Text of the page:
*Property 1 (*\({\cal F}_d\) *is closed under taking mixtures):* Suppose that the random variable *x* with probability *p*_{x} determines which 2-outcome measurement \(f_1^x,f_2^x \in {\cal F}_d\) we implement, and later on we forget the value of *x*. Then the probability of outcome 1 for this “averaged” measurement is

which must be a valid OPF. Therefore, mixtures of OPFs are OPFs.

*Property 2 (*\({\cal F}_d\) *is closed under composition with unitaries):* We can always perform a transformation *U* ∈ U(*d*) before a measurement \(f \in {\cal F}_d\), effectively implementing the measurement

which then must be a valid OPF. Note that here we are not saying that all unitaries can be physically implemented, but only that the formalism must in principle include them.

*Property 3 (*\({\cal F}_d\) *is closed under systems composition):* Since \({\cal F}_d\) is complete, it also includes the measurements that appear in the description of \({\Bbb C}^d\) as part of the larger system \({\Bbb C}^d \otimes {\Bbb C}^b \cong {\Bbb C}^{db}\), for any background system \({\Bbb C}^b\). Formally, for each background state \(\varphi \in {\Bbb C}^b\) and global OPF \(g \in {\cal F}_{db}\) there is local OPF \(f_{\varphi ,g} \in {\cal F}_d\) which represents the same measurement outcome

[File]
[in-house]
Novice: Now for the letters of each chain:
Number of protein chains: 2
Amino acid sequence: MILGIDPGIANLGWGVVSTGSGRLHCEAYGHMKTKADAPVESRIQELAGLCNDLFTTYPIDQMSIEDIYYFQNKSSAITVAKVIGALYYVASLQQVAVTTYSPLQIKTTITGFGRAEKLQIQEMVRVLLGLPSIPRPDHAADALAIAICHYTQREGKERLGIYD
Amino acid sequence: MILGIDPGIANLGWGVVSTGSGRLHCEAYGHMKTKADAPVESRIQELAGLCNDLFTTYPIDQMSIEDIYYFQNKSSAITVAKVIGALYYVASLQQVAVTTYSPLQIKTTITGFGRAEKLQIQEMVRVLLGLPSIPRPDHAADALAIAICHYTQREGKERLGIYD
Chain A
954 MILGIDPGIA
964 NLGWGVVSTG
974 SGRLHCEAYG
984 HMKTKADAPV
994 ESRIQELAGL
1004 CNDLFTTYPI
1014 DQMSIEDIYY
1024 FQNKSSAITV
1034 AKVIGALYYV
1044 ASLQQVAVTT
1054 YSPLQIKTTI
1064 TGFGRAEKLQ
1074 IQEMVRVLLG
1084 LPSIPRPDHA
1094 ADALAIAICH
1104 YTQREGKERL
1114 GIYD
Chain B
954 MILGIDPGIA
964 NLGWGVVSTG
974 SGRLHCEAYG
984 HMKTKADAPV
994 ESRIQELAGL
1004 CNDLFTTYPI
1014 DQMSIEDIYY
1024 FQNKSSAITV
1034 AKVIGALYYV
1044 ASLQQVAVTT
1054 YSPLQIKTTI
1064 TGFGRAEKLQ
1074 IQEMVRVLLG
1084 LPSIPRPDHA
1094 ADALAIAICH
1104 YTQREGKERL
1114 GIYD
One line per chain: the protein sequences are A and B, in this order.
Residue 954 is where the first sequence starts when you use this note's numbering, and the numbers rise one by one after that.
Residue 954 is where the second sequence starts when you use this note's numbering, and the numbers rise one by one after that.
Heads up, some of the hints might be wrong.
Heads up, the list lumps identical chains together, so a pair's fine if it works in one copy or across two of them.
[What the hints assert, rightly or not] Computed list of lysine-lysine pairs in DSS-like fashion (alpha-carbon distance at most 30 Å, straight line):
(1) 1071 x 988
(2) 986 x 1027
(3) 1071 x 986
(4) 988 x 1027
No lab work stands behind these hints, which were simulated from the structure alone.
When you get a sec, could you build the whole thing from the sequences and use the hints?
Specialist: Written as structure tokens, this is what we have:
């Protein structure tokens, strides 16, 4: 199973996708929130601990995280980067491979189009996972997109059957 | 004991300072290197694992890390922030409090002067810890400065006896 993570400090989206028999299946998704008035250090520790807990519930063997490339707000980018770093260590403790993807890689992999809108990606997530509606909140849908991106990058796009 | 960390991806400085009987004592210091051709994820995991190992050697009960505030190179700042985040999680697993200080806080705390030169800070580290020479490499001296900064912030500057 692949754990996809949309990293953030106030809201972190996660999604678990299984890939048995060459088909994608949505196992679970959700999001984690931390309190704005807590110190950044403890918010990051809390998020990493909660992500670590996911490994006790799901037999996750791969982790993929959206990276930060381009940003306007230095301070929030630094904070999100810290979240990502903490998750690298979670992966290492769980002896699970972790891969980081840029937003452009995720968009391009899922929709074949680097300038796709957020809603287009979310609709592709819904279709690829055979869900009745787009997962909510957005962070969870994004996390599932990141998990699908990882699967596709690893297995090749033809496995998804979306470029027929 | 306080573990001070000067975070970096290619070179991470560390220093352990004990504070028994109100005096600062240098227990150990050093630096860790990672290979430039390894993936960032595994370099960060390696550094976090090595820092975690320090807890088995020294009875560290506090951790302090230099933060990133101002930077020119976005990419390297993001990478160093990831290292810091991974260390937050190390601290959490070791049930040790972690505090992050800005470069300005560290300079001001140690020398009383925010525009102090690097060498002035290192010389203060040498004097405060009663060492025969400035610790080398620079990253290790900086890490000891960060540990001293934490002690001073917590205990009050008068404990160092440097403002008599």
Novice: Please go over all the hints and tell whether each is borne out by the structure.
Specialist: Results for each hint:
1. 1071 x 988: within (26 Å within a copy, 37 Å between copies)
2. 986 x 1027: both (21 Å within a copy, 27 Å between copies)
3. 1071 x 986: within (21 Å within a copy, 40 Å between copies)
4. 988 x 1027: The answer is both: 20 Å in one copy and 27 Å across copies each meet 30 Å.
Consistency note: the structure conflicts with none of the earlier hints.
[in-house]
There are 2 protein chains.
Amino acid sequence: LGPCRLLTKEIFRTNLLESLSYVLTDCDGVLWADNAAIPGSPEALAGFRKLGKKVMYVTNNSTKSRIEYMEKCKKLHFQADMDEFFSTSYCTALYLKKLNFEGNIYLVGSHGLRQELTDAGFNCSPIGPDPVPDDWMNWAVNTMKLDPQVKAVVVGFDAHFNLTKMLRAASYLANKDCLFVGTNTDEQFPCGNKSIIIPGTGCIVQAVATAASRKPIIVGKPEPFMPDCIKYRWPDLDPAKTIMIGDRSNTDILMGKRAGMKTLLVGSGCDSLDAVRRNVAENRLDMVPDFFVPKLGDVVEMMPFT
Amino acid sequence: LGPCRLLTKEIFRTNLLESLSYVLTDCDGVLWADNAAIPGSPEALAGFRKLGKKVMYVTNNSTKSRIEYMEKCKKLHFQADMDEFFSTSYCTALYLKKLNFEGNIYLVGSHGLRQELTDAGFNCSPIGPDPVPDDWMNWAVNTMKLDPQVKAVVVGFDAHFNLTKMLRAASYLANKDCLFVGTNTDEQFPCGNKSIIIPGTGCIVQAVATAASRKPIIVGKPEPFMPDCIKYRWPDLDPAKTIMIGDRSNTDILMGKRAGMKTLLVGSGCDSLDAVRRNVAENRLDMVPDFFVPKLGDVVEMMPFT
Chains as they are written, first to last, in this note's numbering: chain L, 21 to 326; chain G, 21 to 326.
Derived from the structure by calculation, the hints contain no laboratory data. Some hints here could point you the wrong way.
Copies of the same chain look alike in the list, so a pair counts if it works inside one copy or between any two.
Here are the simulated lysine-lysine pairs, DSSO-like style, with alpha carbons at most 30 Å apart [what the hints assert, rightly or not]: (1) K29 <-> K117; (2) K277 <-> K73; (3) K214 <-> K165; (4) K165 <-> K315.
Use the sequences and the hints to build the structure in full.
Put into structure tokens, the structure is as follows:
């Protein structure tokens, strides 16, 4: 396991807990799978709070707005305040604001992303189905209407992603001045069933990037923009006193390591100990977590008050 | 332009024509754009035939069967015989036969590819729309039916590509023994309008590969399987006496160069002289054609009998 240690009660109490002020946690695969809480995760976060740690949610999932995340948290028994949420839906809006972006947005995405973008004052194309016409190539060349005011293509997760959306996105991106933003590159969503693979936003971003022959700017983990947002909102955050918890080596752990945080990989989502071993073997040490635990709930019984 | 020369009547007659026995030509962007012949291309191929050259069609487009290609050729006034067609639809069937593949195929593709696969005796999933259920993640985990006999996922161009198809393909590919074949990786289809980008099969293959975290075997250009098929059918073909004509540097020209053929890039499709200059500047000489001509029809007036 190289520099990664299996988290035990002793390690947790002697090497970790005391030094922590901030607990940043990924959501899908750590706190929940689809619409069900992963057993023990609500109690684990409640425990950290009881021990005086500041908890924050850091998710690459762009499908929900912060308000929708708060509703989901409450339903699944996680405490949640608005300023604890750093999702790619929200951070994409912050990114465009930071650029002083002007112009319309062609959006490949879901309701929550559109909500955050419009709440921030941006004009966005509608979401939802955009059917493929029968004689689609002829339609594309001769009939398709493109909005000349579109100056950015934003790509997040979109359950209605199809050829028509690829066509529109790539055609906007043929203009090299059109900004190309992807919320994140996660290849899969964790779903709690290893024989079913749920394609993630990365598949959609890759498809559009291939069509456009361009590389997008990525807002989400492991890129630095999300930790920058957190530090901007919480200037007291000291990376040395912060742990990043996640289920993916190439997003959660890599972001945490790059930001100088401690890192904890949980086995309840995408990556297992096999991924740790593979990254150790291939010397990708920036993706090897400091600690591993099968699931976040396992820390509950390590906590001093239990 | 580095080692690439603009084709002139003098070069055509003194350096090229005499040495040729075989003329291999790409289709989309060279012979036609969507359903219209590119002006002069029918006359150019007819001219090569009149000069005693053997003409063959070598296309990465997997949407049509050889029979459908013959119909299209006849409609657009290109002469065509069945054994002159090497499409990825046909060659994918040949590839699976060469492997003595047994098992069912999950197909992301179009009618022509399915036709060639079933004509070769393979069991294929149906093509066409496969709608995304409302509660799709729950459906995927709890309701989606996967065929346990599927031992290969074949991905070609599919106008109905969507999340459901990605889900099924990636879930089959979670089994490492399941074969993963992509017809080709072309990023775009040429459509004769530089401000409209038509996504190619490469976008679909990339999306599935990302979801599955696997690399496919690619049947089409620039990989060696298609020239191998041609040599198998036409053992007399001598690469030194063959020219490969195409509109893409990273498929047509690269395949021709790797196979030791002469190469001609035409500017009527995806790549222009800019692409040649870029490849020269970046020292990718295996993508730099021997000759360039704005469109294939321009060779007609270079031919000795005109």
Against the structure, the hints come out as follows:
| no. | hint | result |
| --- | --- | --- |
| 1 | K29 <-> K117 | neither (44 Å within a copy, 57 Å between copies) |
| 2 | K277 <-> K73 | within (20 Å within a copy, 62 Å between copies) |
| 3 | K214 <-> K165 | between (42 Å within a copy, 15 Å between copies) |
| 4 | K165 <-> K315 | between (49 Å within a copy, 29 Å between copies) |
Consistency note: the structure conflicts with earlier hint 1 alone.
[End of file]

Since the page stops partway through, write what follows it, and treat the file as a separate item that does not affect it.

Next we consider local measurements in multipartite systems. In order to do so, it is useful to recall that the observer always has the option of describing a systems \({\Bbb C}^a\) as part of a larger system \({\Bbb C}^a \otimes {\Bbb C}^b\), without this affecting the predictions of the theory. In order to do so, the observer needs to know how to represent the OPFs of the small system \({\cal F}_a\) as OPFs of the larger system \({\cal F}_{ab}\). This information is contained in the star product, defined in what follows.

*Definition (*⋆*-product)*. Any pair of local OPFs, \(f \in {\cal F}_a\) and \(g \in {\cal F}_b\), is represented as a global OPF \((f \star g) \in {\mathrm{ }}{\cal F}_{ab}\) via the star product \(\star :{\cal F}_a \times {\cal F}_b \to {\cal F}_{ab}\), which satisfies

for all \(\psi \in {\mathrm{P}}{\Bbb C}^a\) and \(\varphi \in {\mathrm{P}}{\Bbb C}^b\). This product must be defined for any pair of (complex and separable) Hilbert spaces \({\Bbb C}^a\) and \({\Bbb C}^b\).

In other words, the ⋆-product represents bi-local measurements, which in QM are represented by the tensor product in the space of Hermitian matrices.